ACCESS: Top Secret
- 2 January 2006
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macca said:I know this is an old thread, and more about submarines that carry landing-craft, but some years ago (about 1991 IIRC) the Seaforth Group produced this brochure, from which I've enlarged the section about the S-60 submersible landing-craft. Quite how close to the shore it could get, and how long the inflatable pathway would have to be for a craft drawing 4m are not mentioned; I think they'd have done better carrying fewer personnel and more equipment, like 20 SBS with full kit, for insertion/recovery rather than attack.
fightingirish said:Some of that techniques should be adapted on the Advanced SEAL Delivery System.
macca said:That Seaforth brochure is A3 and my scanner is only A4, so I had to shrink it and stick it back together - here are the two halves in a bigger size.
The year must have been earlier than 1991, because Seaforth apparently went bust in 1987. I went to a few RN Equipment Exhibitions around that time, but can't remember at which one I scrounged the brochure.
I don't believe any of the subs in the brochure was built - I think Seaforth were trying to get into the sub market generally, because they advertised they were buying an obsolete Oberon-class for updating and sale.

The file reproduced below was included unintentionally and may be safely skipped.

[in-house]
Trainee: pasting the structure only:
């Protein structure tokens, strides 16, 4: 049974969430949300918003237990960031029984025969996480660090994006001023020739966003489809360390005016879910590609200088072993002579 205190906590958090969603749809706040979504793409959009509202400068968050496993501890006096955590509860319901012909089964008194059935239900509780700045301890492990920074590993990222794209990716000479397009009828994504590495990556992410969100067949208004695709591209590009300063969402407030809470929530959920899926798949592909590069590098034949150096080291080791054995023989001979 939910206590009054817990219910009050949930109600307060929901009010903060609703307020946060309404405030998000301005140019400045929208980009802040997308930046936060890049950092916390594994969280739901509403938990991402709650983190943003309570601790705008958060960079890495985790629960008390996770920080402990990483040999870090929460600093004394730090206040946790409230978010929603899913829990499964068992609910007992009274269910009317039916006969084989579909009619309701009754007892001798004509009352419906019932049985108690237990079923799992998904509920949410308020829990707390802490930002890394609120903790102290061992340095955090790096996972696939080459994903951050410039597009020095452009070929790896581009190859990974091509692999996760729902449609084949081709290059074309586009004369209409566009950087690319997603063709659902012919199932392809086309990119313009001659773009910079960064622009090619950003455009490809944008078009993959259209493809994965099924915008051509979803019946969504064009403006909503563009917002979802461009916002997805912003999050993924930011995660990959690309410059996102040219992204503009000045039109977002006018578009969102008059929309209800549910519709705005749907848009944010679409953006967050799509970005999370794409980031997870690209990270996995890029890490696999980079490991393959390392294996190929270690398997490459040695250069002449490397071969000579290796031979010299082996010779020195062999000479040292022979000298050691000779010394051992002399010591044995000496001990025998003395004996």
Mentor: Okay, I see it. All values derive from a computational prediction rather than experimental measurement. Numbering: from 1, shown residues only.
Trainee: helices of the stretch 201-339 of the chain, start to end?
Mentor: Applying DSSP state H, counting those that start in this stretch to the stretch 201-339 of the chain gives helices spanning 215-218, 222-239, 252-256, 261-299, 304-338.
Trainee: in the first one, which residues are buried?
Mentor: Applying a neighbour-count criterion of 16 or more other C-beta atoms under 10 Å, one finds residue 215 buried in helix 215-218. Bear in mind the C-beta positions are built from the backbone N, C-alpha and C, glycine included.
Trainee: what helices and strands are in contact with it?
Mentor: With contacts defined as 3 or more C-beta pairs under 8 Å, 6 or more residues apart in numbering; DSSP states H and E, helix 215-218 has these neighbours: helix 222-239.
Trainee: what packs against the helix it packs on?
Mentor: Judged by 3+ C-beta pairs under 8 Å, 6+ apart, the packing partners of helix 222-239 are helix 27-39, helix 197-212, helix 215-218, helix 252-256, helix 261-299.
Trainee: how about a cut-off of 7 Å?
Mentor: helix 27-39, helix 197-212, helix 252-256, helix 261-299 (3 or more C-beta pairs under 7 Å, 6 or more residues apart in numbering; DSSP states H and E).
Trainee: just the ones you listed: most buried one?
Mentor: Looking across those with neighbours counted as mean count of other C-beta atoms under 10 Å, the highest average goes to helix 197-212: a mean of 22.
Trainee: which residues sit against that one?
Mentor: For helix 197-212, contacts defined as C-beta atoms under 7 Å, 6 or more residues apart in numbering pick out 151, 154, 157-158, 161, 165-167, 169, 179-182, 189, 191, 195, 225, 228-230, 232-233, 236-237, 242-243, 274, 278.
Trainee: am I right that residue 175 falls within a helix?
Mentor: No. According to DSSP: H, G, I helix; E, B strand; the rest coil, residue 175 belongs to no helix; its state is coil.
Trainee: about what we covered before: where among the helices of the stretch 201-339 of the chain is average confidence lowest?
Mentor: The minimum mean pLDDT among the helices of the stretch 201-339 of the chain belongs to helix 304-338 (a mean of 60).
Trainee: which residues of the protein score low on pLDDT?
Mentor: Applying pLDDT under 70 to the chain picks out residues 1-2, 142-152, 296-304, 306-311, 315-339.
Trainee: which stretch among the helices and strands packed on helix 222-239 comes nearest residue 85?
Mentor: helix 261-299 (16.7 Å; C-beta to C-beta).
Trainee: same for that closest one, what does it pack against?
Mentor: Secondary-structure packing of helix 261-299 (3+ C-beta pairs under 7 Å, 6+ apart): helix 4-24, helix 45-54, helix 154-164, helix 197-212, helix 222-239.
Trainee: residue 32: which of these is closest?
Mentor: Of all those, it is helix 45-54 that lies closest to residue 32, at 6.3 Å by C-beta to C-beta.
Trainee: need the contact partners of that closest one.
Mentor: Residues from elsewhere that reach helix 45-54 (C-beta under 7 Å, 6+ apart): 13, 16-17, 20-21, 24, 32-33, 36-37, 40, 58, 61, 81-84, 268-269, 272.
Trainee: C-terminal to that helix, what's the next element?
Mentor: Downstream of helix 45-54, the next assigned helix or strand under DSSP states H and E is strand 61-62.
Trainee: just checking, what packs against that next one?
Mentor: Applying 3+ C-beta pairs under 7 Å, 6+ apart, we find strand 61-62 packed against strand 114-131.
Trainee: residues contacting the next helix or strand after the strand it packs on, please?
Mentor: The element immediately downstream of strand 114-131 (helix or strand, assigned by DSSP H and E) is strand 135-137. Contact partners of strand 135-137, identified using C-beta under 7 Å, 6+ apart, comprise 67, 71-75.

That LPD in the background (either my Dad's old ship Fearless, recently scrapped, or Intrepid, being scrapped on Merseyside) couldn't have launched that submersible landing craft anyway, as it's about 3m draught and their docks could only take LCUs which drew 1.7m.......maybe it's acting as a diversion, or maybe that's the defender the SLC's are avoiding!
With the Marine Corps looking beyond its Cold War-era fleet of amphibious assault platforms as the need for stealth grows more important, there's a strong case for tacking a few troop-carrying variants of the Columbia class SSBNs at the end of the production run. Congress may not be amenable.www.forbes.com